There's No Summer Vacation from Drug-Free Workplace Policies

The advent of summer typically entails an influx of seasonal workers to area businesses and worksites, but that doesn't mean that employers should become lax in their drug-testing policies for these temporary workers.

Although these employees may be temporary, Drug Free Pennsylvania is reminding employers of the importance of keeping these workers, and all permanent employees, drug-free. One in 10 employees abuse illegal drugs or alcohol, according to the agency, and the National Household Survey on Drug Abuse found that nearly 17 percent of young adults in Pennsylvania, aged 18-25, had engaged in illicit drug use in the previous month. Approximately 44 percent had reported binging on alcohol in the previous month.

"Seasonal workers are not exempt from these disturbing statistics," warns Beth Winters, executive director and general counsel to Drug Free Pennsylvania.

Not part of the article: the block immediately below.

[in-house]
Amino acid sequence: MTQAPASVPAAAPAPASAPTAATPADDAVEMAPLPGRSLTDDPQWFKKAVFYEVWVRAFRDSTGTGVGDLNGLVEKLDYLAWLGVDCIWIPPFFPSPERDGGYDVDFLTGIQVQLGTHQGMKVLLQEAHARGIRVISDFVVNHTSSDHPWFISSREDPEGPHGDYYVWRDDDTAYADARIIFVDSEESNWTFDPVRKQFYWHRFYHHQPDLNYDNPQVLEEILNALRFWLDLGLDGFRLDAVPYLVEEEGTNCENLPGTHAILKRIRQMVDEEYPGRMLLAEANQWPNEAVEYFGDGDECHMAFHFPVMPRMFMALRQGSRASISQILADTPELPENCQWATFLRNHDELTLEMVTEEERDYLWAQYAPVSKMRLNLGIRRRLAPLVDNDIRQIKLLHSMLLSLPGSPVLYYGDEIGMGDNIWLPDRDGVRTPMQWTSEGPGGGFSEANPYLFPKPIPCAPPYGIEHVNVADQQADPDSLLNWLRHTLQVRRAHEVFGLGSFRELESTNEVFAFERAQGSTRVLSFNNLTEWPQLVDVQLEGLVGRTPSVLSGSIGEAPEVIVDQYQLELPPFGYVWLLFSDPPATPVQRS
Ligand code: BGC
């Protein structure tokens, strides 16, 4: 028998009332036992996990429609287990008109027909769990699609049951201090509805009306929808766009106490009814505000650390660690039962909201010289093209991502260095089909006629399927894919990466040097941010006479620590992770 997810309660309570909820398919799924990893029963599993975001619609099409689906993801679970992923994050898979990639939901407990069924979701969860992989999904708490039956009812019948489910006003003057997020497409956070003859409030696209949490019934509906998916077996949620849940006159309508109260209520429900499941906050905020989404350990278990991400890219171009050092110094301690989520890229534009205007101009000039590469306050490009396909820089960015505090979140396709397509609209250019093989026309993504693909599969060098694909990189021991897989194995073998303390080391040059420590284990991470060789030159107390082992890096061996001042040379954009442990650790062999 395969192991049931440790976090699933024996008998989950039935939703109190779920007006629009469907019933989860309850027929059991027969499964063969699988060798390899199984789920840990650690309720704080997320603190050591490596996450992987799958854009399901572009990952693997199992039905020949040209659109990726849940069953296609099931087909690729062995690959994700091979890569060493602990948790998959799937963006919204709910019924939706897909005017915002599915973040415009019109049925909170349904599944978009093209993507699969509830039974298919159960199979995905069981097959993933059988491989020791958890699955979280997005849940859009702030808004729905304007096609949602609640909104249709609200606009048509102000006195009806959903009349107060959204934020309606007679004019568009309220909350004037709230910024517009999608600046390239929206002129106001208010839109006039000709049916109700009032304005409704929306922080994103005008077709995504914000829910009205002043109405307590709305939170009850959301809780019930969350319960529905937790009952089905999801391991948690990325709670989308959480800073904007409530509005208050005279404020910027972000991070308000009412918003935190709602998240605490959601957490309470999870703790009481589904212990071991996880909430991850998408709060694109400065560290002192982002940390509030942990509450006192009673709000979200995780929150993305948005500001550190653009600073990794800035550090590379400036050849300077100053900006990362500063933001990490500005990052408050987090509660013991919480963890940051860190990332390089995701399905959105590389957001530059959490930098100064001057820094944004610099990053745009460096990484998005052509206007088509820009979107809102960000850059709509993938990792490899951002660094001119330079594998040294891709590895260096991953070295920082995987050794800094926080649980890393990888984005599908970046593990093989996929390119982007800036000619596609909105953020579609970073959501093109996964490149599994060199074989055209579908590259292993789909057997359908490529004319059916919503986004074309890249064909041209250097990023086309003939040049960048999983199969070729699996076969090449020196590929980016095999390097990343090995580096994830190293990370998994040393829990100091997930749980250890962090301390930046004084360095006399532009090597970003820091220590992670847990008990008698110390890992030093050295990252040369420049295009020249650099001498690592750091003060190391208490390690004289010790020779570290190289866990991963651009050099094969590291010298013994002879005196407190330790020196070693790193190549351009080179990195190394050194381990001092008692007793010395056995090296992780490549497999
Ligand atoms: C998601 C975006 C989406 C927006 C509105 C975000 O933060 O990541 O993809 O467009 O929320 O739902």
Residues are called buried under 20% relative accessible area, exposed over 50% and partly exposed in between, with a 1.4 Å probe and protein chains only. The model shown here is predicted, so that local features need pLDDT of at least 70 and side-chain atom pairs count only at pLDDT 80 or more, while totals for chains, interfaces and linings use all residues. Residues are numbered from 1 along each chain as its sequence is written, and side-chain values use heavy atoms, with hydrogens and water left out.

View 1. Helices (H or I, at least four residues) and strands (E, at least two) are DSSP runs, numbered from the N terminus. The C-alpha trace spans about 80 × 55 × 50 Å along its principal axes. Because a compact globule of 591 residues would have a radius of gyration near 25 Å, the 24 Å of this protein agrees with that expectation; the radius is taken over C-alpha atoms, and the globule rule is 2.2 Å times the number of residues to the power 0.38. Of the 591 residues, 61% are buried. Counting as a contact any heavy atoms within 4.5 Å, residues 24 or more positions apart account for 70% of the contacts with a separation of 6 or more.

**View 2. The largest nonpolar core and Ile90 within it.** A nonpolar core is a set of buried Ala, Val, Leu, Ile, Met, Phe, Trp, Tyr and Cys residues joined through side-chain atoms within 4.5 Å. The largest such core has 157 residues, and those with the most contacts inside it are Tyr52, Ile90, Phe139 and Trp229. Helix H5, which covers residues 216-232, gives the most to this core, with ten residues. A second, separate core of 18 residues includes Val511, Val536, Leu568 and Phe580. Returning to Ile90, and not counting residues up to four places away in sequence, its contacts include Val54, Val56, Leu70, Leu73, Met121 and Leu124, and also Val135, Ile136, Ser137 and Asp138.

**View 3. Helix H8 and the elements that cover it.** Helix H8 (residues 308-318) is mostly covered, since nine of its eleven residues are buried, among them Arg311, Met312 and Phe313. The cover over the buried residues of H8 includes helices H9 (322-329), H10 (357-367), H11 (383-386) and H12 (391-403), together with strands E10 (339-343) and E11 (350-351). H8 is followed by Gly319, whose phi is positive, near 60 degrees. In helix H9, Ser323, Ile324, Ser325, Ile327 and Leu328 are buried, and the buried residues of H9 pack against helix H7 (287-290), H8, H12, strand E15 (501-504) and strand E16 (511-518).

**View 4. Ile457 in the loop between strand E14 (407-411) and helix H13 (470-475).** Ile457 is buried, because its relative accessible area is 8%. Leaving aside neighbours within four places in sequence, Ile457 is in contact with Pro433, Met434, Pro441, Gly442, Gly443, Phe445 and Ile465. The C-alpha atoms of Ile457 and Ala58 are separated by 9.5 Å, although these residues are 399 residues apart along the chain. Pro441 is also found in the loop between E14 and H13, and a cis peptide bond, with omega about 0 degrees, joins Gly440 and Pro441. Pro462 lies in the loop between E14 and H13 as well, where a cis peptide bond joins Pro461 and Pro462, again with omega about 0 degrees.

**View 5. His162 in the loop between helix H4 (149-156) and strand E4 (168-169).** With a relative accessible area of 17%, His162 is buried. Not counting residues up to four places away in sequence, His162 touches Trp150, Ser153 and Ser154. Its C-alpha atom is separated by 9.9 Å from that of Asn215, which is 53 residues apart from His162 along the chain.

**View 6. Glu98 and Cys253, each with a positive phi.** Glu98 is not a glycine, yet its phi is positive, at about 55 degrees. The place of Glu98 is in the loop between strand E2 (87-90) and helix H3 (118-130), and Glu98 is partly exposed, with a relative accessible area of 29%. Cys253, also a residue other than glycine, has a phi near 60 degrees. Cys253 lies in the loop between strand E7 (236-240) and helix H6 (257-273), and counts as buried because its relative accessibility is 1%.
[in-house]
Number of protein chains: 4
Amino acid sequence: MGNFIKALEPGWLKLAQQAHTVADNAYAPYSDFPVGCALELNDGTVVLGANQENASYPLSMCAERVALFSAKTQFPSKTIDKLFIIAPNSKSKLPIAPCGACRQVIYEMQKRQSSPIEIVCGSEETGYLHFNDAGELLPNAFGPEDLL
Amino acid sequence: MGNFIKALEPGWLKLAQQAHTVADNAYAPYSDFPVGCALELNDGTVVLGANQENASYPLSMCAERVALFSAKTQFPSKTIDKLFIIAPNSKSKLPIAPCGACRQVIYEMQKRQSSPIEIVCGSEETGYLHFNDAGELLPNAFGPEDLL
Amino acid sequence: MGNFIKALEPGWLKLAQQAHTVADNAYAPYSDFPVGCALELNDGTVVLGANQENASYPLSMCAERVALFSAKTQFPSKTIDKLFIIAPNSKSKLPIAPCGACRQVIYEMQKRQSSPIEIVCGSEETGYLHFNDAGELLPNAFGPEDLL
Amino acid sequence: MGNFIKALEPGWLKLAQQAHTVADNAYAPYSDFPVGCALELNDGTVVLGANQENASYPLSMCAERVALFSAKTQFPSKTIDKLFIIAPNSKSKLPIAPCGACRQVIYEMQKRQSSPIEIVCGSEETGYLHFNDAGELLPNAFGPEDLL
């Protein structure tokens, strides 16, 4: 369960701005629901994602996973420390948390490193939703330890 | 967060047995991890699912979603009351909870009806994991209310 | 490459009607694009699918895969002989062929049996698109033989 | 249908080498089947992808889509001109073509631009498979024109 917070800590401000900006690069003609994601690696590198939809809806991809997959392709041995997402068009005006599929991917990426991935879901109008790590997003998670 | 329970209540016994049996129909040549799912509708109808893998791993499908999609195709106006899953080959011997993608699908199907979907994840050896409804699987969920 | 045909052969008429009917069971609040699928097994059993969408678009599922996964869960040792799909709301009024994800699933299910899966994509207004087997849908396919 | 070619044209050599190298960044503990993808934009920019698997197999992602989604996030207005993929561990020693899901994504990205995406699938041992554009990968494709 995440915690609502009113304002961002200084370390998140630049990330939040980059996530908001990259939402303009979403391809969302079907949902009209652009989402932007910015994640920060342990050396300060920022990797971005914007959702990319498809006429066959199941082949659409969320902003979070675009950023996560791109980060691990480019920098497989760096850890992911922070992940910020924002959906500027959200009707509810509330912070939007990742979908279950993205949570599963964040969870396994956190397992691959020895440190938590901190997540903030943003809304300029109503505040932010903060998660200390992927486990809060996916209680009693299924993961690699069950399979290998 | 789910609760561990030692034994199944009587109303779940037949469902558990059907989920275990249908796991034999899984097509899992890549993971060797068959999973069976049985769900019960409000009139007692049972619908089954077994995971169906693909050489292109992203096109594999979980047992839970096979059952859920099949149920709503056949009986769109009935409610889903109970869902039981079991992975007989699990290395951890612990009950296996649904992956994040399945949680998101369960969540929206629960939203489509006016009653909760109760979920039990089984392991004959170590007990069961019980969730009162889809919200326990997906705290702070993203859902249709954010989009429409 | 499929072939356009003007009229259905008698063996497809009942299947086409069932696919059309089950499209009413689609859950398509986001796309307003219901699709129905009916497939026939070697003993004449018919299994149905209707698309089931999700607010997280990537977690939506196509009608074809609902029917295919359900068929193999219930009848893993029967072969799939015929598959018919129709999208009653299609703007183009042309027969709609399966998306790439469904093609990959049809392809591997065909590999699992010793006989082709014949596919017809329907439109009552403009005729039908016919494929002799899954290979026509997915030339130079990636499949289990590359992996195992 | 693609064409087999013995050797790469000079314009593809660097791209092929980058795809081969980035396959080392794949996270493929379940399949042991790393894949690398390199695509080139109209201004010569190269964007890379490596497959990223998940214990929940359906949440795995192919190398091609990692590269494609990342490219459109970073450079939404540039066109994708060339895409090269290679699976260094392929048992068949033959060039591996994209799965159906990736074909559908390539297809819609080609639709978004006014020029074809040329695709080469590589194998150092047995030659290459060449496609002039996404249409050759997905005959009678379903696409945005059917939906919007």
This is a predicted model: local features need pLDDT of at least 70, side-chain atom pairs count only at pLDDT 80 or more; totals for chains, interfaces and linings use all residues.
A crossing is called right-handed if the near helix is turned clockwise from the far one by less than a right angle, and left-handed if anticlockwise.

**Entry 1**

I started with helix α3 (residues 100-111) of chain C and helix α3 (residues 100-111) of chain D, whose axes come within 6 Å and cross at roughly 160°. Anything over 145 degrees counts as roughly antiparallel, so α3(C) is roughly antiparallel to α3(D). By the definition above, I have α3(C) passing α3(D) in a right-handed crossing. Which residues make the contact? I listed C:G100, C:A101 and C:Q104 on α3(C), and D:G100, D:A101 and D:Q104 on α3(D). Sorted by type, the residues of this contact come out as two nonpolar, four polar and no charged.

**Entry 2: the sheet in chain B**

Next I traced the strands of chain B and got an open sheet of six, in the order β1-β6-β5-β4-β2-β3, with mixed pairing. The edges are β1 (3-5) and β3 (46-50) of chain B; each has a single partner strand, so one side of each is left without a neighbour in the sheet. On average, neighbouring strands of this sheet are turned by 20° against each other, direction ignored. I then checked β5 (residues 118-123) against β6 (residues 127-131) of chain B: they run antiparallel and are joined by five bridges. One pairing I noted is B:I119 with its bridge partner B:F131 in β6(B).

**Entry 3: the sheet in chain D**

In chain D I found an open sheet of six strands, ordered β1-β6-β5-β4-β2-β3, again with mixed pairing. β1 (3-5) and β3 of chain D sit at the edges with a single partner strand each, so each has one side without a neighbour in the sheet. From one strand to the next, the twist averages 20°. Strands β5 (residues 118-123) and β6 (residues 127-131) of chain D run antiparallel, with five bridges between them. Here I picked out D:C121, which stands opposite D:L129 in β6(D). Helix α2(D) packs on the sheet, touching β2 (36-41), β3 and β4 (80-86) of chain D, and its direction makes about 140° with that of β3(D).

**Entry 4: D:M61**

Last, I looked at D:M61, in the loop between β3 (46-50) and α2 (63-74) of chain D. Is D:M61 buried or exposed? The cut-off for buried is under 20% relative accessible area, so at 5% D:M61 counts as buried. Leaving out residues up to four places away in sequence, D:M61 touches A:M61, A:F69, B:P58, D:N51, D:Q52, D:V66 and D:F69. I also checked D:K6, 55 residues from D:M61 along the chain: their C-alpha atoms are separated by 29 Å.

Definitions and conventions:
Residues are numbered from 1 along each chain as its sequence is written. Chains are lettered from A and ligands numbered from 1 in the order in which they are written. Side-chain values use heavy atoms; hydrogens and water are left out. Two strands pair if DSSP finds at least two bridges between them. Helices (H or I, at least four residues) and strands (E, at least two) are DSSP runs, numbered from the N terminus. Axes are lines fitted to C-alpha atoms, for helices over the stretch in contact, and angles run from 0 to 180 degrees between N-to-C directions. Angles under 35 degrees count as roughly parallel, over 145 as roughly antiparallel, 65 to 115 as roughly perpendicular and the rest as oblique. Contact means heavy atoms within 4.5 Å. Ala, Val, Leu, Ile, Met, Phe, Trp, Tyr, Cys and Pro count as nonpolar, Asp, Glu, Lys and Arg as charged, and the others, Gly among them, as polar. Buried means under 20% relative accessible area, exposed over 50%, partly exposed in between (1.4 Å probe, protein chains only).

Seasonal workers' failure to follow a company drug policy may have negative consequences for any company. Substance abuse increases absenteeism and tardiness, on-site accidents and mistakes. To minimize losses, drug-free workplace policies should apply equally to part-time and full-time, short-term and long-term employees.

"A well-written, up-to-date policy that details a company's drug testing protocols and consequences for violations is an essential first step," Winters says. "It's an important step for all companies - regardless of size - to take."

While any business is potentially affected by employee drug and alcohol abuse, small businesses appear to be at the greatest risk. Drug Free Pennsylvania's 2003 survey of more than 450 businesses statewide found that while 94 percent of large companies have drug-free policies, only 50 percent of small businesses have them. Smaller businesses also tend to offer less training and drug assessment or counseling services, as well as fewer pre-employment drug tests.

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